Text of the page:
The world manufacturing centre for PCBs is China. It has many companies offering made-to-measure boards for even small manufacturers. Manufacturing circuits with PCBs is cheaper and faster than with other wiring methods as components are mounted and wired with one single part. 

2. As noted above, Morgan buys parts on a cost basis. On the other hand, the savvy owner prefers to buy according to component quality, longevity and re-supply ease into the future. In the MMC case, they succumb too easily to obsolete, poorly designed components at the lowest price. In the case of their PCBs, they chose a company that apparently, not only produced a PCB (normally very sturdy), that breaks down, but a company that went bankrupt and disappeared, making replacement problematic.


Sorry, for the reasons indicated above, there is unlikely to be one. Even if we had the schematic of the errant board, it would not be of much help. They must be replaced, like-for-like and that is not a piece of cake. It IS possible to find a very smart auto-electrician and perhaps he can find a bypass or some jury-rigged solution to get you on the road again for a time. But a defective PCB will most likely continue getting more defective.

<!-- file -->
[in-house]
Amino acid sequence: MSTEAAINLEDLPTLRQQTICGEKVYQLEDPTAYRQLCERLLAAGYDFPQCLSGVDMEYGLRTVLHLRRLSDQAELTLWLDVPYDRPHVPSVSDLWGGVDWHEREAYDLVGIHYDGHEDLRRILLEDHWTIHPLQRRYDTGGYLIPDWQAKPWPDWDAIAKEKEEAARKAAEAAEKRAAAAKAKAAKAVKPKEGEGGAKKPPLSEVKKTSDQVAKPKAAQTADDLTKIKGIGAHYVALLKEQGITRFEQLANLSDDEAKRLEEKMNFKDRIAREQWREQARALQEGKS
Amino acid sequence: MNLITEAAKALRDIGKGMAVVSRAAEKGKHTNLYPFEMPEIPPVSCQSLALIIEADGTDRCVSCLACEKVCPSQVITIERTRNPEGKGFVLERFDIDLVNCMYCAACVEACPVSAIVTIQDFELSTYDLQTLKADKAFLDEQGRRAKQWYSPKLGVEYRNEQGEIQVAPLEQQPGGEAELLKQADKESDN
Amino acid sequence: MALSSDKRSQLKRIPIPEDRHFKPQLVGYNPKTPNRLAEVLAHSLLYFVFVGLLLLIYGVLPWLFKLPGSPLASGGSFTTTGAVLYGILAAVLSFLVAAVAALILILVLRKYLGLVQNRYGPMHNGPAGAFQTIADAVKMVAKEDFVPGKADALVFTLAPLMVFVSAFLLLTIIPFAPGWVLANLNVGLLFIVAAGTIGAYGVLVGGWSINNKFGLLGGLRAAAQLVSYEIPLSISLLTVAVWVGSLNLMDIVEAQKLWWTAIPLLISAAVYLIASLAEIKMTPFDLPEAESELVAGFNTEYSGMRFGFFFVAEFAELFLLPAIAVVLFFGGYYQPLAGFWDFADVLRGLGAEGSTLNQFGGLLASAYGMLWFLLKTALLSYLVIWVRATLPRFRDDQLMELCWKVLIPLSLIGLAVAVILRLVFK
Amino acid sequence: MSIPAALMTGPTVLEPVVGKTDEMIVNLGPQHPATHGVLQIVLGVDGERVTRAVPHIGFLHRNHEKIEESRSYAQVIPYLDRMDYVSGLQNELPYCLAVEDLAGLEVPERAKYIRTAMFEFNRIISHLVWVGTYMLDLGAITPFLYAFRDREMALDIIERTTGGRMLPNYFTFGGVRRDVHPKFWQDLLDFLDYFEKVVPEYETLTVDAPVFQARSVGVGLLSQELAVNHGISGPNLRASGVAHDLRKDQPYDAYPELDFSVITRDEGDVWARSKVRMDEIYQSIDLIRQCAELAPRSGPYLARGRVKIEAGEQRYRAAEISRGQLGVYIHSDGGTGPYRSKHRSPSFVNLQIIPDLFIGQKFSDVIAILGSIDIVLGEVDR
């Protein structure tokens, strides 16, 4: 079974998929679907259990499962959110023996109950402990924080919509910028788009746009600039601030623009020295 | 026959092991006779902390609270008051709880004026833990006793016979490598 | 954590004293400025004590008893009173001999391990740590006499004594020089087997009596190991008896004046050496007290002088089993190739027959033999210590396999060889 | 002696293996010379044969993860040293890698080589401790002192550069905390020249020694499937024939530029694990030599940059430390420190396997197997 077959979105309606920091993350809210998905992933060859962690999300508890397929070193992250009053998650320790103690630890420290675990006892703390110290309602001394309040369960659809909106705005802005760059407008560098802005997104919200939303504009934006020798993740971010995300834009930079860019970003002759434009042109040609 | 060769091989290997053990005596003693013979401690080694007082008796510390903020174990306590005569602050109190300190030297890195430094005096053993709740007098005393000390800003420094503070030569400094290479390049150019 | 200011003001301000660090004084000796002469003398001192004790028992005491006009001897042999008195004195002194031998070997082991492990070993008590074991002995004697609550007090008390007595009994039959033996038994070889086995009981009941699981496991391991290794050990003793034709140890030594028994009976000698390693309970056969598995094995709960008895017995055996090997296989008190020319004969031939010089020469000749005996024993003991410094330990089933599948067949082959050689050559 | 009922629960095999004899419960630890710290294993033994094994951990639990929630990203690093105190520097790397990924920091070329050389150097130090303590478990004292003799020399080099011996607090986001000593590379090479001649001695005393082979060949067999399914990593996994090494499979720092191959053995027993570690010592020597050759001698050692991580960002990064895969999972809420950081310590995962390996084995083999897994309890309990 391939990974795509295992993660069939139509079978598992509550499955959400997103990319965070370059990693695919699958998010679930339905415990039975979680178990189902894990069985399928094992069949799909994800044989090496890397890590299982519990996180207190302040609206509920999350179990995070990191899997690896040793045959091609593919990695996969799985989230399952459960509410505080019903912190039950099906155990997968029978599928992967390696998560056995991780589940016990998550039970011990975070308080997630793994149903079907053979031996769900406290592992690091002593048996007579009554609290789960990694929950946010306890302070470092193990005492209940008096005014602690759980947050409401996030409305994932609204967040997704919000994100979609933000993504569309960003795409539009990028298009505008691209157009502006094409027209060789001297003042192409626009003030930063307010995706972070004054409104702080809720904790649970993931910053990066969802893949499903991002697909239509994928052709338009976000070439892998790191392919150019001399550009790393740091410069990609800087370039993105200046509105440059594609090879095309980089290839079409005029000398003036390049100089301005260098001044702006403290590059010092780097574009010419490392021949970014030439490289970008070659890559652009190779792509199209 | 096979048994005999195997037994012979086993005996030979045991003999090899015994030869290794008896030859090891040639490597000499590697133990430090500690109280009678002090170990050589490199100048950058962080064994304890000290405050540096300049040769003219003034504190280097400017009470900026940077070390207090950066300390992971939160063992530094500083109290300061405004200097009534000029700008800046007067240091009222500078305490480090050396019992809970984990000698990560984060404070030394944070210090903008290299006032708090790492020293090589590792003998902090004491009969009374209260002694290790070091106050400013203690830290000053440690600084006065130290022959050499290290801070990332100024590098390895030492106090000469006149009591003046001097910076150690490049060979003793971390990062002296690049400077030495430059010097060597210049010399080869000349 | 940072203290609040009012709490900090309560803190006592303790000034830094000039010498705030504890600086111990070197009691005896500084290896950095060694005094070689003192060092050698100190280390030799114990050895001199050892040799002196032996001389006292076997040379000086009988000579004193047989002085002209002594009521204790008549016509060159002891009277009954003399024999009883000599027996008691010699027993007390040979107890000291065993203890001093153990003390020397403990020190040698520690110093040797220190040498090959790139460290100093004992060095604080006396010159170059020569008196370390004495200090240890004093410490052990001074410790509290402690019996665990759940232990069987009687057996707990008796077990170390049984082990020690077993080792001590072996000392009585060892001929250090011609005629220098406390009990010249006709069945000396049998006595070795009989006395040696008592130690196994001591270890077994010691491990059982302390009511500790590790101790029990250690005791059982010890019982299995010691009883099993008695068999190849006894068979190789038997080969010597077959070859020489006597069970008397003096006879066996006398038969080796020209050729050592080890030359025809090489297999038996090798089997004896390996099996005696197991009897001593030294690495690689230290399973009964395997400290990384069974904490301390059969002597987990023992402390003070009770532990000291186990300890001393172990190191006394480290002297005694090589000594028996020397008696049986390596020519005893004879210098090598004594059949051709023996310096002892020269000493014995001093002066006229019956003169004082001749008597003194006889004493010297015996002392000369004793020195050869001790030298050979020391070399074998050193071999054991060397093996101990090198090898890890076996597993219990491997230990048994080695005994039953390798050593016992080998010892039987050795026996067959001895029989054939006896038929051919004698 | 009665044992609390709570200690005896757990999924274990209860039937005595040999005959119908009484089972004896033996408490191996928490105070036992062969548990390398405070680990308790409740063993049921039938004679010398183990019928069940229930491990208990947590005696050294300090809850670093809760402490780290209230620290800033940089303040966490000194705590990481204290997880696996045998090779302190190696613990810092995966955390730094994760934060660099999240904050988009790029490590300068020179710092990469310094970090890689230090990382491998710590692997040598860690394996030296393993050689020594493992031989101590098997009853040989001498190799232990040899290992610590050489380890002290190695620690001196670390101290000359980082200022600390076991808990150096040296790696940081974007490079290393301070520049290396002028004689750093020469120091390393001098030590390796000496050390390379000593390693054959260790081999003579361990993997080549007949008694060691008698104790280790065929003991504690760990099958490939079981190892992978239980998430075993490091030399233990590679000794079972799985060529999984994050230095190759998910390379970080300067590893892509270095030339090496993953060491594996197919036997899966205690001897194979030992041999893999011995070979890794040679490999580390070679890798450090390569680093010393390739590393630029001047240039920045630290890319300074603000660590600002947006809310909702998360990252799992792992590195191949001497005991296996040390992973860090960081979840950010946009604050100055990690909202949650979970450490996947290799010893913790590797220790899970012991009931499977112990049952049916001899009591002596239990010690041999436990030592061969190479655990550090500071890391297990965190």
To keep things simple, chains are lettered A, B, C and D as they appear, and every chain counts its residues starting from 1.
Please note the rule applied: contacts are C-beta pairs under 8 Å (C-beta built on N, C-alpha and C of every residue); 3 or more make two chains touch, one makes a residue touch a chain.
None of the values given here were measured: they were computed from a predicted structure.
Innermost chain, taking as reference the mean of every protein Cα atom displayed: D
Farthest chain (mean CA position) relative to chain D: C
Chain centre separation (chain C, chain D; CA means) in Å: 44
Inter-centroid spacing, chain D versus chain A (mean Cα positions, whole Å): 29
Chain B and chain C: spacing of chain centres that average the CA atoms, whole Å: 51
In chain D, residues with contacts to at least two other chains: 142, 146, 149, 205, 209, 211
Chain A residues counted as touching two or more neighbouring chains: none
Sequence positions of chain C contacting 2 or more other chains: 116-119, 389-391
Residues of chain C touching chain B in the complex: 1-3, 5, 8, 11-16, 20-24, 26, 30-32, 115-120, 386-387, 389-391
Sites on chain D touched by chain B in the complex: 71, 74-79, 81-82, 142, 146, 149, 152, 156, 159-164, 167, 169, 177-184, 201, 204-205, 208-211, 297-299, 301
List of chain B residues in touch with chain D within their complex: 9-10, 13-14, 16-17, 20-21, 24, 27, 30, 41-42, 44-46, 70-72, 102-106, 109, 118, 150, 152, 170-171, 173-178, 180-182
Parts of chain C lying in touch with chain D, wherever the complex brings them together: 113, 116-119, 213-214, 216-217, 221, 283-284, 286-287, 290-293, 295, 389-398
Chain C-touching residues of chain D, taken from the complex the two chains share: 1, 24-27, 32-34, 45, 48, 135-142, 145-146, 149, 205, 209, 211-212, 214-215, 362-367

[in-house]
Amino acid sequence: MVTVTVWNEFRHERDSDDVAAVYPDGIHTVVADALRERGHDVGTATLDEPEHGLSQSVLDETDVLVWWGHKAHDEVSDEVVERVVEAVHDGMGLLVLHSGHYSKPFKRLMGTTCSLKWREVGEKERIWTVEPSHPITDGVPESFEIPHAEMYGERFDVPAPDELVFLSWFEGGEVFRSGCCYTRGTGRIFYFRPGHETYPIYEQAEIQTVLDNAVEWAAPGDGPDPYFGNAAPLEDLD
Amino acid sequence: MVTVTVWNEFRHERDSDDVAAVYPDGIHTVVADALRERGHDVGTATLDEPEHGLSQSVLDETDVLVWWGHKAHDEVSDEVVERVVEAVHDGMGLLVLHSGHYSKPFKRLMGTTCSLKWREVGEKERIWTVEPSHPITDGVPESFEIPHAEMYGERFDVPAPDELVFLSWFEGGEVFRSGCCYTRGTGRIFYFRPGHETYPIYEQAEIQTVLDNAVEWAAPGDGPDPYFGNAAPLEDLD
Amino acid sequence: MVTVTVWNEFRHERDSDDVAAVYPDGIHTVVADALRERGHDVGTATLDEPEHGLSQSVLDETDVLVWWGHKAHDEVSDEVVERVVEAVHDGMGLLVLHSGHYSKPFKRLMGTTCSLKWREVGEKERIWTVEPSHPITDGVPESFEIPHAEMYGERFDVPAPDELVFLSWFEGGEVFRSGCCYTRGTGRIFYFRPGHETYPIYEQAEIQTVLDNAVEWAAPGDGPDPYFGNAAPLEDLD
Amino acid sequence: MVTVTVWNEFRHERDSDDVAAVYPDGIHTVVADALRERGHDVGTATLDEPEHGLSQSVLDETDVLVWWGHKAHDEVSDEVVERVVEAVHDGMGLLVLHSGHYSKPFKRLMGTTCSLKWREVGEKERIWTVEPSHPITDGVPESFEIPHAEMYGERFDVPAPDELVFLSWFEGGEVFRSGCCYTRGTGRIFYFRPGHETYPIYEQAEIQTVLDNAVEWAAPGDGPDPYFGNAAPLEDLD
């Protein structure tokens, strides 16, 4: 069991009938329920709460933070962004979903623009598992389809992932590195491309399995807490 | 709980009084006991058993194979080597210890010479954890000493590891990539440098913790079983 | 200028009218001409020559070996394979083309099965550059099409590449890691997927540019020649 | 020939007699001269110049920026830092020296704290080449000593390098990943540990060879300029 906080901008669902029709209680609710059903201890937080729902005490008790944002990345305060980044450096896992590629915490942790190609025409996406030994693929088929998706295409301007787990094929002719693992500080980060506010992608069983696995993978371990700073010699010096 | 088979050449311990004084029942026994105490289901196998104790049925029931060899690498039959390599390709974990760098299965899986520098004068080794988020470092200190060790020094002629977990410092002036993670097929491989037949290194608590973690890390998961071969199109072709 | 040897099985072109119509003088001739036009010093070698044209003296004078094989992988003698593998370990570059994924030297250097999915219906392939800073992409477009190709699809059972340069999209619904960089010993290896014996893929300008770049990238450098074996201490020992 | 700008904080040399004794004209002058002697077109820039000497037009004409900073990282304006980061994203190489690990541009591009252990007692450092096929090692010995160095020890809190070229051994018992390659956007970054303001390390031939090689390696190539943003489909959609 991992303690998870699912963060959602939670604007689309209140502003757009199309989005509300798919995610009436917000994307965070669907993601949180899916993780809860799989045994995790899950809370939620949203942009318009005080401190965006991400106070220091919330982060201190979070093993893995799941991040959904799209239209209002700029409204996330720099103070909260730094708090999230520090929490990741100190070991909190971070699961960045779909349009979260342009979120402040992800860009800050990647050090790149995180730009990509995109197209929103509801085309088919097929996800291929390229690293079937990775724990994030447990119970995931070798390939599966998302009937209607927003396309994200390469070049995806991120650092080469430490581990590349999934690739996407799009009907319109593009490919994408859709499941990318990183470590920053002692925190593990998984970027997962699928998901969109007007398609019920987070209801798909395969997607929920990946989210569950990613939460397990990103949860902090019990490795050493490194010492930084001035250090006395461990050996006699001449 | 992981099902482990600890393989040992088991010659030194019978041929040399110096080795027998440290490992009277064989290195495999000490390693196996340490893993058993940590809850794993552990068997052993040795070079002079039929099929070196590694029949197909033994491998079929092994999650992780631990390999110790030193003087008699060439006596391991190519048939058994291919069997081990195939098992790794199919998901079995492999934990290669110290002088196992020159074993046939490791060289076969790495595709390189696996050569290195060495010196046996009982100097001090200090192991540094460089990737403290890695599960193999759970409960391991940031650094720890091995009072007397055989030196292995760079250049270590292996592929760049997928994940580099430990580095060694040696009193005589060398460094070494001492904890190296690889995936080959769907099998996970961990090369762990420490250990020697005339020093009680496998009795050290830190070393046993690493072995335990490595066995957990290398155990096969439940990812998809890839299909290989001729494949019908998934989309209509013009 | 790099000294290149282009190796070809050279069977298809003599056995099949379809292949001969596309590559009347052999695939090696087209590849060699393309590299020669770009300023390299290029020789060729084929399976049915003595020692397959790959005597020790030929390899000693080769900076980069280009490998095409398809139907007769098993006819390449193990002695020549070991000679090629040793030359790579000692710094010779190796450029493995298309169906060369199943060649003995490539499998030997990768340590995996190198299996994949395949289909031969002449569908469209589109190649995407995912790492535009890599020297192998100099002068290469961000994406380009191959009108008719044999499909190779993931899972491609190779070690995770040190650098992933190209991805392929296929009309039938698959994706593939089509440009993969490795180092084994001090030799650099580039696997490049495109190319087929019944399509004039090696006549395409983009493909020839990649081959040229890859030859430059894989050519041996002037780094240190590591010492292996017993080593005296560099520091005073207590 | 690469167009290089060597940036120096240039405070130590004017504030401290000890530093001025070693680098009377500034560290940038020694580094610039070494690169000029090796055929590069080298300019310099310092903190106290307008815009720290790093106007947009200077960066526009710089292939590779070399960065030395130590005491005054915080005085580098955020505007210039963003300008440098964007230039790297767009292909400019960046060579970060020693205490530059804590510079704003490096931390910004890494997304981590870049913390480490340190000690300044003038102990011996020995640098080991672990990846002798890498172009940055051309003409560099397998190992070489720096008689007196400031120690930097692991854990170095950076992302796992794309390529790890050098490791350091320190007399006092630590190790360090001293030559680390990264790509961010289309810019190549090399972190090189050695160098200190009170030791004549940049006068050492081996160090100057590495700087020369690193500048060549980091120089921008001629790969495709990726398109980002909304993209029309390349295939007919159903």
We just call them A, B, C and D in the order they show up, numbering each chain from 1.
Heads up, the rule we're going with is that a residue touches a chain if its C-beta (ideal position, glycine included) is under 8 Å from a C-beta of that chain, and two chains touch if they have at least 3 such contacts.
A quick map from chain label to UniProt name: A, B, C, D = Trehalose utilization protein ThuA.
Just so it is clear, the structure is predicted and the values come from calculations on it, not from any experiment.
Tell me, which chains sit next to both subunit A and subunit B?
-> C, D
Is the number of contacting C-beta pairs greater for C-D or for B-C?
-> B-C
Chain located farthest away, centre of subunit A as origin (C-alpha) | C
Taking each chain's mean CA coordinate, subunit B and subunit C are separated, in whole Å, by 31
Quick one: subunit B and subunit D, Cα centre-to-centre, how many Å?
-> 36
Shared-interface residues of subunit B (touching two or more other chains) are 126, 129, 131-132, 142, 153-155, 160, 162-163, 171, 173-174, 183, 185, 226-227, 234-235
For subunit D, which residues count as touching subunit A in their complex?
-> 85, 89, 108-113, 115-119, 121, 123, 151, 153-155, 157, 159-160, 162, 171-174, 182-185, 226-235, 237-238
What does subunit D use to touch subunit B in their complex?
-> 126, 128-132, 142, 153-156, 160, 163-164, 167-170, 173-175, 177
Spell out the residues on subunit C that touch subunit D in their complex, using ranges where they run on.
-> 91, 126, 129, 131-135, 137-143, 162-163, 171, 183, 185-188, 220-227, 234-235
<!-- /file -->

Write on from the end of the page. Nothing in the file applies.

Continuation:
I am not in a position any longer where I wish to spend that much time (it is very tedious and complex task) to analyze and proof a replacement simpler) system.  I can point out that  the earlier Morgan electrical systems (wiring and fuse-boxes) may have had less to deal with but they are not as sturdy as one would want either. Their advantage is that they are very approachable and very easy to sort, adapt or repair. The world's best (and cheapest) for high quality aftermarket auto electrical systems in the US and Australia.  I am planning to replace my 1984 fuse-box and wiring with something much better next summer. Watch this space. I will soon be able to advise you on exactly what you need for your model and year. However, beware. If you do not work on this yourself, the cost will be enormous.